New agricultural reforms 

The Government with the aim of transforming agriculture in the country and raising farmers’ income have passed three important legislation from Parliament.

The Farmers’ Produce Trade and Commerce (Promotion and Facilitation) Act, 2020

  • The Act provides freedom of choice related to sale and purchase of produce.
  • The farmers need not to pay any cess for sale of their produce under this Act.
  • There will be a separate dispute resolution mechanism for the farmers.


The Farmers (Empowerment and Protection) Agreement of Price Assurance and Farm Services Act, 2020

  • Aims to provide for a national framework on farming agreements that protects and empowers farmers to engage with agri-business firms, processors, wholesalers, exporters or large retailers for farm services.
  • Empower farmers for engaging with processors, wholesalers, aggregators, wholesalers, large retailers, exporters etc., on a level playing field without any fear of exploitation.


The Essential Commodities (Amendment) Act, 2020:

  • This will deregulate the cereals, edible oils, oilseeds, pulses, onions and potatoes.
  • Lessen the fears of private investors of excessive regulatory interference in their business operations.
  • Any limits will be imposed only in exceptional circumstances such as war, famine, extraordinary price rise and natural calamity.


How did matters escalate to this situation?

  • When the three farm laws were passed in Parliament and enacted by the Centre, the Punjab Vidhan Sabha convened a special session and not only rejected the centre farmer legislation  but also passed three farm amendment Bills removing Punjab from the ambit of the central laws. All major parties of Punjab supported this move.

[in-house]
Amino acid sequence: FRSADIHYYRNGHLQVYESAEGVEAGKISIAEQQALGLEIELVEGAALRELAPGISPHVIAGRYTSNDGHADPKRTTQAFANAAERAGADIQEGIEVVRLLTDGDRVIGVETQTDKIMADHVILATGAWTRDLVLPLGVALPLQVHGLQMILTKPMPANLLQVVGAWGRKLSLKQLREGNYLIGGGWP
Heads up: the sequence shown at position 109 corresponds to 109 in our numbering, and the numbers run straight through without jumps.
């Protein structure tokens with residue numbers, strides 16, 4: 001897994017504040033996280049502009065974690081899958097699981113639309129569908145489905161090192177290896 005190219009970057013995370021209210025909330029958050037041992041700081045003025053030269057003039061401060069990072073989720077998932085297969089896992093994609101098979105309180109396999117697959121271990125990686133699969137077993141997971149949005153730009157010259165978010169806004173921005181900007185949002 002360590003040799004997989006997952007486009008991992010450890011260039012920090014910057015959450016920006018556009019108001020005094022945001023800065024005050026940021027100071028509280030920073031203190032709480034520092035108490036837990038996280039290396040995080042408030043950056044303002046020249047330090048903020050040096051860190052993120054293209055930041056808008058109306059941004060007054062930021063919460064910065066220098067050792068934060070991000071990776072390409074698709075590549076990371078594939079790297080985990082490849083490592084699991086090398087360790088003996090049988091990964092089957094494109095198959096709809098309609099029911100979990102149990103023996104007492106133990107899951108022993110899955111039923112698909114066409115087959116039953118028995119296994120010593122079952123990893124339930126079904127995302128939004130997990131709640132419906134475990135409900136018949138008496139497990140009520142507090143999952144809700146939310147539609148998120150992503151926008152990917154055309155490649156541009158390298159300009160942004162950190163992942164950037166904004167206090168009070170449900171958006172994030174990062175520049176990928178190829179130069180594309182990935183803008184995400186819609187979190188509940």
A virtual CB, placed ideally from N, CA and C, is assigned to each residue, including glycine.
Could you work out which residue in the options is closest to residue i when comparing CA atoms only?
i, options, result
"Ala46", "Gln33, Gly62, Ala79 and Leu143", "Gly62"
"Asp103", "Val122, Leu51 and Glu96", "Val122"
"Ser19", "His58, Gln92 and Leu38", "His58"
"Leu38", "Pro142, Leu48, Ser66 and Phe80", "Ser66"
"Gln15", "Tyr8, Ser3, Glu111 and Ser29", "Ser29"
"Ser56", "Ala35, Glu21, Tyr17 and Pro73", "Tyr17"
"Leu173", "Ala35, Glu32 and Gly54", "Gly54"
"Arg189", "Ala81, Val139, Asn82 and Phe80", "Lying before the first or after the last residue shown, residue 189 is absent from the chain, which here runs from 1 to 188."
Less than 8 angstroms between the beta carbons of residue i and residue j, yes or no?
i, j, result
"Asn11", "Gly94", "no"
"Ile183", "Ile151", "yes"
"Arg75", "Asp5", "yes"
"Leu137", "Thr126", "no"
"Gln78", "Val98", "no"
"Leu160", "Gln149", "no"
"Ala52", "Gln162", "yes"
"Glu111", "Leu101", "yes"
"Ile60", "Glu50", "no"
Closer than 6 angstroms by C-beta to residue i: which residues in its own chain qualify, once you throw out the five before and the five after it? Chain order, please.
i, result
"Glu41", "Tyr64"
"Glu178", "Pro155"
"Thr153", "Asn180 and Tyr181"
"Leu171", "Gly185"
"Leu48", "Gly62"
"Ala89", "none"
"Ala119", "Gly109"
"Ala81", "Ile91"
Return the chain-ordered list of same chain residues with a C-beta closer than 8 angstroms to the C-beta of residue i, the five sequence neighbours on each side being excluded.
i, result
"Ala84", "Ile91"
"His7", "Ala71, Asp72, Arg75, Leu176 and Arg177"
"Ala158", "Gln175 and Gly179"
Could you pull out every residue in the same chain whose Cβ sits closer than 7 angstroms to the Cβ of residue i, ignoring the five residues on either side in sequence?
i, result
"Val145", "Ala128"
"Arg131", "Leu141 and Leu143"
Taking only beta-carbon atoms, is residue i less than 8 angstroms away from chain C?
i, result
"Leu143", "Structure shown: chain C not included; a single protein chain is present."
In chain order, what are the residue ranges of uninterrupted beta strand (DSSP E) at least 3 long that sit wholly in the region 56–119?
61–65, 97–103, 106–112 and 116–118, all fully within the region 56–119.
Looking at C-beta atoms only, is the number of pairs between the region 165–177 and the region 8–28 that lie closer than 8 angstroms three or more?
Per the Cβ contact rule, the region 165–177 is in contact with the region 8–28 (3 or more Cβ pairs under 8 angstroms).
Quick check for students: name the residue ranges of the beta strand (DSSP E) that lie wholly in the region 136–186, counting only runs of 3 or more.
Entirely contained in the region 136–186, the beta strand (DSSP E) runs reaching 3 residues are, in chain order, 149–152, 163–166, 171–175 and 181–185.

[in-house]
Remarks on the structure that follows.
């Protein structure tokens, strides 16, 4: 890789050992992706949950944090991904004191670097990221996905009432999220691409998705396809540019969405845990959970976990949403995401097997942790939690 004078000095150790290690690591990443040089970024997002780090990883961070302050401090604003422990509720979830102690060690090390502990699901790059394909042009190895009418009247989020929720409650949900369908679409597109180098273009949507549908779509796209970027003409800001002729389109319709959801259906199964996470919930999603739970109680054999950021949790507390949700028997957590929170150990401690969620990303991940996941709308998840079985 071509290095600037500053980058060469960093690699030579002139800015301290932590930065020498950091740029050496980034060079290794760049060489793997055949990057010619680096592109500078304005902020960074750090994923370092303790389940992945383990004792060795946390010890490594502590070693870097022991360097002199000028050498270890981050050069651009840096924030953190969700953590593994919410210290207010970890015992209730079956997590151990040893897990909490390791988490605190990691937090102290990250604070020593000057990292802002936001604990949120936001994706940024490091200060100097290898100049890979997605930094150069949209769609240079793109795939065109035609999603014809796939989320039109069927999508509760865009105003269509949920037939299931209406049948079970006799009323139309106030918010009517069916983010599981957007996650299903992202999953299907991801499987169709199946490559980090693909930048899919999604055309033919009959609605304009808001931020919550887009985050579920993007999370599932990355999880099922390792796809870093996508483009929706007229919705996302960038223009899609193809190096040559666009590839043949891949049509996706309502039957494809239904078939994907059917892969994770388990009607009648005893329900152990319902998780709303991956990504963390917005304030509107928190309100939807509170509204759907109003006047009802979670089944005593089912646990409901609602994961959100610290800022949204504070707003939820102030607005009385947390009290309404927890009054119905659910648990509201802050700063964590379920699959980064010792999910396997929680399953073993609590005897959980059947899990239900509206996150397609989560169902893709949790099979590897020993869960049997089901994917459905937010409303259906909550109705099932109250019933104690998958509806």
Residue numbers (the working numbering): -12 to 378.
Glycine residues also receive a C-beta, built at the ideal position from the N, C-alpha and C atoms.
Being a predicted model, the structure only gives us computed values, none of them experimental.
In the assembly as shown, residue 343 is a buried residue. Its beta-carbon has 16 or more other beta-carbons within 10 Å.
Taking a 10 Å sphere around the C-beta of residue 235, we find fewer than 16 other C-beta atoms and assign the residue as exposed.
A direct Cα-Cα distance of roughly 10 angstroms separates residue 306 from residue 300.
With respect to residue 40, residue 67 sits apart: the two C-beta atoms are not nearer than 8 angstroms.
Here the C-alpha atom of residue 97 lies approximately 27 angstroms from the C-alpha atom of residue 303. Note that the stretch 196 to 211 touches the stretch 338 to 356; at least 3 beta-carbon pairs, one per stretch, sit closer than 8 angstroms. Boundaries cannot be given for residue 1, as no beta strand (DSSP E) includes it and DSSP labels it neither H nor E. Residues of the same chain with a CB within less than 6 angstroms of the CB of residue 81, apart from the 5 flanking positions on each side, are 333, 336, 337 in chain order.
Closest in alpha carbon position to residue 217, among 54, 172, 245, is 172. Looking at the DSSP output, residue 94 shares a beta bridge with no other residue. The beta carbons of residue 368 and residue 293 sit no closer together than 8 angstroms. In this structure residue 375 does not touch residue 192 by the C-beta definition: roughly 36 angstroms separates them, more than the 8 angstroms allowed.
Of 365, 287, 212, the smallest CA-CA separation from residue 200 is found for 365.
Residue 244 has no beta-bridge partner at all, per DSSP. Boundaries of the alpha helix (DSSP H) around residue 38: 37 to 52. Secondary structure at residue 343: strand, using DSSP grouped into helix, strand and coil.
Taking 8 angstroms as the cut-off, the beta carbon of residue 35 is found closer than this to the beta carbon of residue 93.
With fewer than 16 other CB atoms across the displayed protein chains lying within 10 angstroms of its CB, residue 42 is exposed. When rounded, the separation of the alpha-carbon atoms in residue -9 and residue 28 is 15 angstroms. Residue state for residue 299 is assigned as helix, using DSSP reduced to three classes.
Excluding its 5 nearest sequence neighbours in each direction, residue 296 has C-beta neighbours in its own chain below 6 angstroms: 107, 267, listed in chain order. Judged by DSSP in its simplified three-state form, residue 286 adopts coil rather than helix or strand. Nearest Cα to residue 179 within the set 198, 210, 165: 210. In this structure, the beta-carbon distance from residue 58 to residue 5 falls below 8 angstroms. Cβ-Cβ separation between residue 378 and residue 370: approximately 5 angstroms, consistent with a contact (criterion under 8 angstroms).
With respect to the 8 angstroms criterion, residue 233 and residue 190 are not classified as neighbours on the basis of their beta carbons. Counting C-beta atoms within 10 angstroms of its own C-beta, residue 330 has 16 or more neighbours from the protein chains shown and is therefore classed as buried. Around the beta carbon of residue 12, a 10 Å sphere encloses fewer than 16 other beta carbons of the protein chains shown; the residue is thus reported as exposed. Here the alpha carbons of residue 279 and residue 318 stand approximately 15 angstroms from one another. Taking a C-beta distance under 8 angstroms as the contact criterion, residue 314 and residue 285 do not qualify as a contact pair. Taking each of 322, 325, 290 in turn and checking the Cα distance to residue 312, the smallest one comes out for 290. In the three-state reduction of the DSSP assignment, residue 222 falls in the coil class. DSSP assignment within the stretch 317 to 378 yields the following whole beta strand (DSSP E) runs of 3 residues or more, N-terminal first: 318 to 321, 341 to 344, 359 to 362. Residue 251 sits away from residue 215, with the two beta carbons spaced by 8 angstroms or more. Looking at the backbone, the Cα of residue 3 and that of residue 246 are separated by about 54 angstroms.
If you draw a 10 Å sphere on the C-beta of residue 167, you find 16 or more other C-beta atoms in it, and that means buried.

•  Since then a spiralling effect has been started, after Punjab did this, farmers in Haryana also sought the same relief from their government. The Chief Minister of Haryana held talks with certain farmer unions, but failed to convince them of the new central laws. When farmers saw redressal of their grievances, decided to march towards Delhi and mount pressure on the Union government.


What has been the response of the governments at the Centre, Haryana and Punjab so far?

  • In Haryana, except for the ruling party BJP and its ally JJP, all political parties are backing farmers in their protest.
  • Farmers have full support in Punjab from all major political parties. That was the reason farmers in Punjab kept protesting, blocking rail and road networks.


Way forward

  • Coordination: The centre should reach out to all farmer unions and listen to them and find the way so deadlock can be broken.
  • Standing committee recommendations: The Standing Committee recommended that availability of a transparent, easily accessible, and efficient marketing platform is indispensable to increase the income of farmers and make agriculture practices profitable and less exploitative in nature.


Issue of Naga Insurgency

Important Inscriptions of Ancient India


Leave a Comment